Preventing Another Oakland Warehouse Tragedy Means Supporting Artists, Not Punishing Them
In light of the tragic fire claiming over 30 lives in Oakland this past weekend, Village Voice's Sophie Weiner discusses the importance of art spaces like the GhostShip warehouse and its role in the history of underground dance music.This article originally appeared on Village Voice
Mourners hug next to flowers near the site of the warehouse fire in Oakland, CA December 4, 2016.
Jay L. Clendenin for the Los Angeles Times via Getty Images
As the death toll rises from a devastating fire that tore through the Ghost Ship arts space in Oakland, California on Friday, opportunistic publications have begun spinning. Their assessments of the tragedy emphasize the illegal nature of the space, which was neither zoned for housing nor permitted to host events. The New York Times called it a "fire trap;" the Daily Mail, always searching for opportunities to sensationalize, called the space a “death trap” and a “commune”, describing the party as a “rave”—a term that’s nearly impossible to define.
To those outside this tight-knit scene, it may seem bizarre to attend a party in an unpermitted warehouse without sufficient exits or even a proper staircase. But understanding why spaces like Ghost Ship exist—and why they’re so important—is essential as we grapple with the future of grassroots arts spaces in the Bay Area, New York, and beyond.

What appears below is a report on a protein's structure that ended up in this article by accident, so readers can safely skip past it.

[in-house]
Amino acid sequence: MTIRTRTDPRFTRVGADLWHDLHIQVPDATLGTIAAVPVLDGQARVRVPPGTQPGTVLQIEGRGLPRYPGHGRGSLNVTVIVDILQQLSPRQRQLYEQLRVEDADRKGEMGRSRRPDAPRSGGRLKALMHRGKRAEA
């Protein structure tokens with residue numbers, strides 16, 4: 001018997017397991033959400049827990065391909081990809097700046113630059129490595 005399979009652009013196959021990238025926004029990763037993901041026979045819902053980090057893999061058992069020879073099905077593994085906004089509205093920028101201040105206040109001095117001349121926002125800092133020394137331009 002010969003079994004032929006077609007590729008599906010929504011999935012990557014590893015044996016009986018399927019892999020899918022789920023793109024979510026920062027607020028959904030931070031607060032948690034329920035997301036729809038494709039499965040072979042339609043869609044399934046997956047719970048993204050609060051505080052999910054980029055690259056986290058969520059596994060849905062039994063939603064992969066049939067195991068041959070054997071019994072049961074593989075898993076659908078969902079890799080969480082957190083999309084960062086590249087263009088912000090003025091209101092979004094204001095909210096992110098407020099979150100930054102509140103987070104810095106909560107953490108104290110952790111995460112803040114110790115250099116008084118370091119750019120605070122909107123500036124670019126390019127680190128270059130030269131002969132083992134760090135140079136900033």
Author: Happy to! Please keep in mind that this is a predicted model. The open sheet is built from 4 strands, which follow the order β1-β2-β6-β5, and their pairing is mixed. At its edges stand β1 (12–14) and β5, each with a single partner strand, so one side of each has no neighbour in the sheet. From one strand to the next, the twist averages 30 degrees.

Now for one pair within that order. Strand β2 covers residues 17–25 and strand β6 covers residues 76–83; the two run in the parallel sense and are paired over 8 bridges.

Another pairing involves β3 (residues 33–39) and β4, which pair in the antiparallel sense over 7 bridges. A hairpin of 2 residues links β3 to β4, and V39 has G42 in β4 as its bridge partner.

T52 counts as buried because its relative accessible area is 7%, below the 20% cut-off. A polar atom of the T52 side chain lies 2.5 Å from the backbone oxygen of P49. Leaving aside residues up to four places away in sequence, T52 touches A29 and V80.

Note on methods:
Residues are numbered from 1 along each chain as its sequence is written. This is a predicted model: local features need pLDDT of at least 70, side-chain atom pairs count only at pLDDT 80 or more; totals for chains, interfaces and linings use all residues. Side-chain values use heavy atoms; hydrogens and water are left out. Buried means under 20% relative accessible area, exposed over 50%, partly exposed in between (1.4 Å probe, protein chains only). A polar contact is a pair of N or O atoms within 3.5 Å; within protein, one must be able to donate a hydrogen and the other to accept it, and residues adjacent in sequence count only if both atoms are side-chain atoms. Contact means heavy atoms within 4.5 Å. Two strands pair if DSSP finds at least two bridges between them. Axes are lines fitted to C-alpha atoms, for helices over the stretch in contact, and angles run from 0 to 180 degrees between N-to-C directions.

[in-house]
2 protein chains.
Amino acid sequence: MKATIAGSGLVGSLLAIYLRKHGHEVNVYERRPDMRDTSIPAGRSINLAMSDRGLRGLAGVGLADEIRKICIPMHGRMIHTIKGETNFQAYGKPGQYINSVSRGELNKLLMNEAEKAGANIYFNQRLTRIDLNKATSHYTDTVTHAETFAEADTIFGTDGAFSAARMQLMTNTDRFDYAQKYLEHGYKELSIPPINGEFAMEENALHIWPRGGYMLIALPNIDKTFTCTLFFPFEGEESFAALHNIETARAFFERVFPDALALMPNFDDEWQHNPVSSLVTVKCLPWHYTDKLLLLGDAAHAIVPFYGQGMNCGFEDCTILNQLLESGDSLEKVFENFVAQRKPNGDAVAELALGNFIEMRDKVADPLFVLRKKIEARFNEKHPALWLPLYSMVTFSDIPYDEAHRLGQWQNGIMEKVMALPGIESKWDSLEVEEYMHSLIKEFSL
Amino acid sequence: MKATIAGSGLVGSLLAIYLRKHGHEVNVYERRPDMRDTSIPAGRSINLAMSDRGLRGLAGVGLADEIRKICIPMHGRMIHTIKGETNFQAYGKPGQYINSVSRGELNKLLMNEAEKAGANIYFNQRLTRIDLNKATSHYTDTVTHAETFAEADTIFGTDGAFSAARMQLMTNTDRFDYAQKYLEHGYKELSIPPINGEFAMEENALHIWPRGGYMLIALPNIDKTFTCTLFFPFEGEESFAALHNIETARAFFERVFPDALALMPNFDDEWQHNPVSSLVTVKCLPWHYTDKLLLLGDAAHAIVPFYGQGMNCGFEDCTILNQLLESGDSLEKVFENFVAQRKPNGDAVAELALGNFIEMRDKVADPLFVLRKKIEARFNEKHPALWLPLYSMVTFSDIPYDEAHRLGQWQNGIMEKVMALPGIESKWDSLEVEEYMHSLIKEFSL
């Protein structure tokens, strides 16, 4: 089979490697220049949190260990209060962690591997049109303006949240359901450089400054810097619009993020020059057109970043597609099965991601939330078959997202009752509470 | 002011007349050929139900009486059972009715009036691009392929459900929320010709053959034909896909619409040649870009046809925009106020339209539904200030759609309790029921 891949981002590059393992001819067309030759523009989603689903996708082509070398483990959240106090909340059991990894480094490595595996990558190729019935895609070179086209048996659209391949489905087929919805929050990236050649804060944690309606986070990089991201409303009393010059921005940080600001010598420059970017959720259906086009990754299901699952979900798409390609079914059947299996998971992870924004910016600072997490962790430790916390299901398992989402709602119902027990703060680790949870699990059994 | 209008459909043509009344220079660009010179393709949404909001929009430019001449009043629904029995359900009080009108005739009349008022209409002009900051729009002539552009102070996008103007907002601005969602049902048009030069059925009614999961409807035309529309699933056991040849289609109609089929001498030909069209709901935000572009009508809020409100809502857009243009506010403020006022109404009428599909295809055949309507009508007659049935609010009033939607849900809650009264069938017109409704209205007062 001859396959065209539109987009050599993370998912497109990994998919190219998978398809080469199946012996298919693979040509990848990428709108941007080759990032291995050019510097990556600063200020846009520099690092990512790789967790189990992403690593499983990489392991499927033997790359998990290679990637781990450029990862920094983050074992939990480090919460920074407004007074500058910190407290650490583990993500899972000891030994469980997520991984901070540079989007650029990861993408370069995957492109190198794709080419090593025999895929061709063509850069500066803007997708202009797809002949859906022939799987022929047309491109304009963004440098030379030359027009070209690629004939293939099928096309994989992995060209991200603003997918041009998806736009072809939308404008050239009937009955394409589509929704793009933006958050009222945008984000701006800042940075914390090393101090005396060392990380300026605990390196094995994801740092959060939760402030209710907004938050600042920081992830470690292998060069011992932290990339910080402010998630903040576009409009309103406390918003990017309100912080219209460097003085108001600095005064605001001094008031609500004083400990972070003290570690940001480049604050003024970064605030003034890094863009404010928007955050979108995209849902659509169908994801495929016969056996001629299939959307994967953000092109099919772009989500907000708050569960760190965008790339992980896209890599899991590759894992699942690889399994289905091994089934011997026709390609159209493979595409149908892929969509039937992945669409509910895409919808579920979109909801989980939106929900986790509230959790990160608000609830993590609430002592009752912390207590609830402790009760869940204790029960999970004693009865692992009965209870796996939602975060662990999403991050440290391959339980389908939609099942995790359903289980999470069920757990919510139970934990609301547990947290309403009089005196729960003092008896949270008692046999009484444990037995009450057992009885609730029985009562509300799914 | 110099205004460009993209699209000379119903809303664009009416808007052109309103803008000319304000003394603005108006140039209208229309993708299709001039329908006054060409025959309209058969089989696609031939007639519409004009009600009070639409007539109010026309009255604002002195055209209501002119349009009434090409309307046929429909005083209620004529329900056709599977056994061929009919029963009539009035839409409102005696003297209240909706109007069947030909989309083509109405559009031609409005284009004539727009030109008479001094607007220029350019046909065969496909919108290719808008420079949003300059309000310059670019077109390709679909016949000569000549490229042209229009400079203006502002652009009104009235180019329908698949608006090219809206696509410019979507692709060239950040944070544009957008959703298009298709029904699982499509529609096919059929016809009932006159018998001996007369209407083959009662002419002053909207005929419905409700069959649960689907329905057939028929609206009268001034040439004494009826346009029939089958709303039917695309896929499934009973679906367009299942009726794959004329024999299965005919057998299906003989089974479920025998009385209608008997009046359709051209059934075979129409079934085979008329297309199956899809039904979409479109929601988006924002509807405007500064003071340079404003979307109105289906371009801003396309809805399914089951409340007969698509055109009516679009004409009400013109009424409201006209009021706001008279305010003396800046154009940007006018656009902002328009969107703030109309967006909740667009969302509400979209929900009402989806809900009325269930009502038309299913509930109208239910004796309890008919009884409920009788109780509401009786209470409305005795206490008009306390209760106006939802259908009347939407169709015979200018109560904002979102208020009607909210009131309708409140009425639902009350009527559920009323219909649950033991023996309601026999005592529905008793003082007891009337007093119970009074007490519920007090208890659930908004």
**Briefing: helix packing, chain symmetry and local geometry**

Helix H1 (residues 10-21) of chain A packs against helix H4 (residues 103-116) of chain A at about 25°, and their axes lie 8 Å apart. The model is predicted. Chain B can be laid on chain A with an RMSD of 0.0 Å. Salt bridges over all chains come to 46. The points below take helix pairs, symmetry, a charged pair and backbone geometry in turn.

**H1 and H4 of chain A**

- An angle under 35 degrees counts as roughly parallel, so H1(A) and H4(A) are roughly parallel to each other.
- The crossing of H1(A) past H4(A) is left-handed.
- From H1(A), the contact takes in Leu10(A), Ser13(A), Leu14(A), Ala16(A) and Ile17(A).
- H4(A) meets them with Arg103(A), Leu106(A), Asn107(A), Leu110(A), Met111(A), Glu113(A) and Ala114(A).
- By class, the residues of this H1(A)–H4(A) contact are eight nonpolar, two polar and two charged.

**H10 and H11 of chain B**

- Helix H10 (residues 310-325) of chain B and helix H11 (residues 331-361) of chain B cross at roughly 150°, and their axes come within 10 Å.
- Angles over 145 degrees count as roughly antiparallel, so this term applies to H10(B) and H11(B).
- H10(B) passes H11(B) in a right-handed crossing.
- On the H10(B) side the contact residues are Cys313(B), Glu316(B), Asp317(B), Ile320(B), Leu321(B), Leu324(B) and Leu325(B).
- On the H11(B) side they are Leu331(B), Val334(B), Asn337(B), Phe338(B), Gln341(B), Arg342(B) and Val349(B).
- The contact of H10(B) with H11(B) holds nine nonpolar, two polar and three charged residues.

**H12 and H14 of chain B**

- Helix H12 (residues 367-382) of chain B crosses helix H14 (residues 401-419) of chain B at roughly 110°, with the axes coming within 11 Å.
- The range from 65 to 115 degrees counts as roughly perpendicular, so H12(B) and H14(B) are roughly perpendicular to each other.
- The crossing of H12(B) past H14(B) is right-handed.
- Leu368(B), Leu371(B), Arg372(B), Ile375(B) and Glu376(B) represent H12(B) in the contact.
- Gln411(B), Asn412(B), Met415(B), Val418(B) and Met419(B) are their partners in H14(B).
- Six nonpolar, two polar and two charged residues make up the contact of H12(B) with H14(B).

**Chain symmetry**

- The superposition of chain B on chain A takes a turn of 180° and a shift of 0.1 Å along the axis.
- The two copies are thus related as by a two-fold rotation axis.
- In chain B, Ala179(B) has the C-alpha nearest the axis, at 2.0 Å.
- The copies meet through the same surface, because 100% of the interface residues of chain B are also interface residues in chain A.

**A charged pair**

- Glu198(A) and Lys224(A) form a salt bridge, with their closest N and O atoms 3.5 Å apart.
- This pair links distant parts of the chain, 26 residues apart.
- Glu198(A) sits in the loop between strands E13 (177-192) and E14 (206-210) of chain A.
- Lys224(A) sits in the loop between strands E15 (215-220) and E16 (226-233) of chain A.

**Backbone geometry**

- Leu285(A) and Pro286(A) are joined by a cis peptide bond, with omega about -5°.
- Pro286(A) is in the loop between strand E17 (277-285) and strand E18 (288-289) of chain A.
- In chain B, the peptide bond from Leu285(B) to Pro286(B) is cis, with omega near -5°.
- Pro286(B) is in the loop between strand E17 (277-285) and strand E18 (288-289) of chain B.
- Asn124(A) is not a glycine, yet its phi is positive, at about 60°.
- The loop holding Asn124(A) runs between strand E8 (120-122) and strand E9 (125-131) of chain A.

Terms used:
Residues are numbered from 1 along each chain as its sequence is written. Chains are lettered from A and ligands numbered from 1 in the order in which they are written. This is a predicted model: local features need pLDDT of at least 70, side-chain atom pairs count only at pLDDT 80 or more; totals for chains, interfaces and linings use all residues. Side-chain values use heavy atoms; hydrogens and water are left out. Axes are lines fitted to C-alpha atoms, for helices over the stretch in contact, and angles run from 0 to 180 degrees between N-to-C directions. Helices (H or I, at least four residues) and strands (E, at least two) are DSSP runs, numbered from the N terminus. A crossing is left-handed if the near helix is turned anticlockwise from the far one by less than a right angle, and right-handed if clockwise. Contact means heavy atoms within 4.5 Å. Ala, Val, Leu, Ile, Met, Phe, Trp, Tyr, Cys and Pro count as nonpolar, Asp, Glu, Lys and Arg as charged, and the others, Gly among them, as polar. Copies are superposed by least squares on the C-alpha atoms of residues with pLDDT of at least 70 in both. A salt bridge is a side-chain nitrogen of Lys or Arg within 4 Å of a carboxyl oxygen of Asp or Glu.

The party Friday was a showcase for the Los Angeles-based electronic label 100% Silk, whose artists focus on updated versions of classic house music, the genre from which nearly everything we think of today as dance music has evolved. It began in Chicago at a utilitarian venue called The Warehouse, opened by the promoter Robert Williams in 1976. DJs like Frankie Knuckles used multiple turntables to piece together disco songs into a continuous, thumping beat. This style became known as “house music,” a name derived from the venue where it was born.
From the beginning, this new form of music was demonized and persecuted by authorities and the public...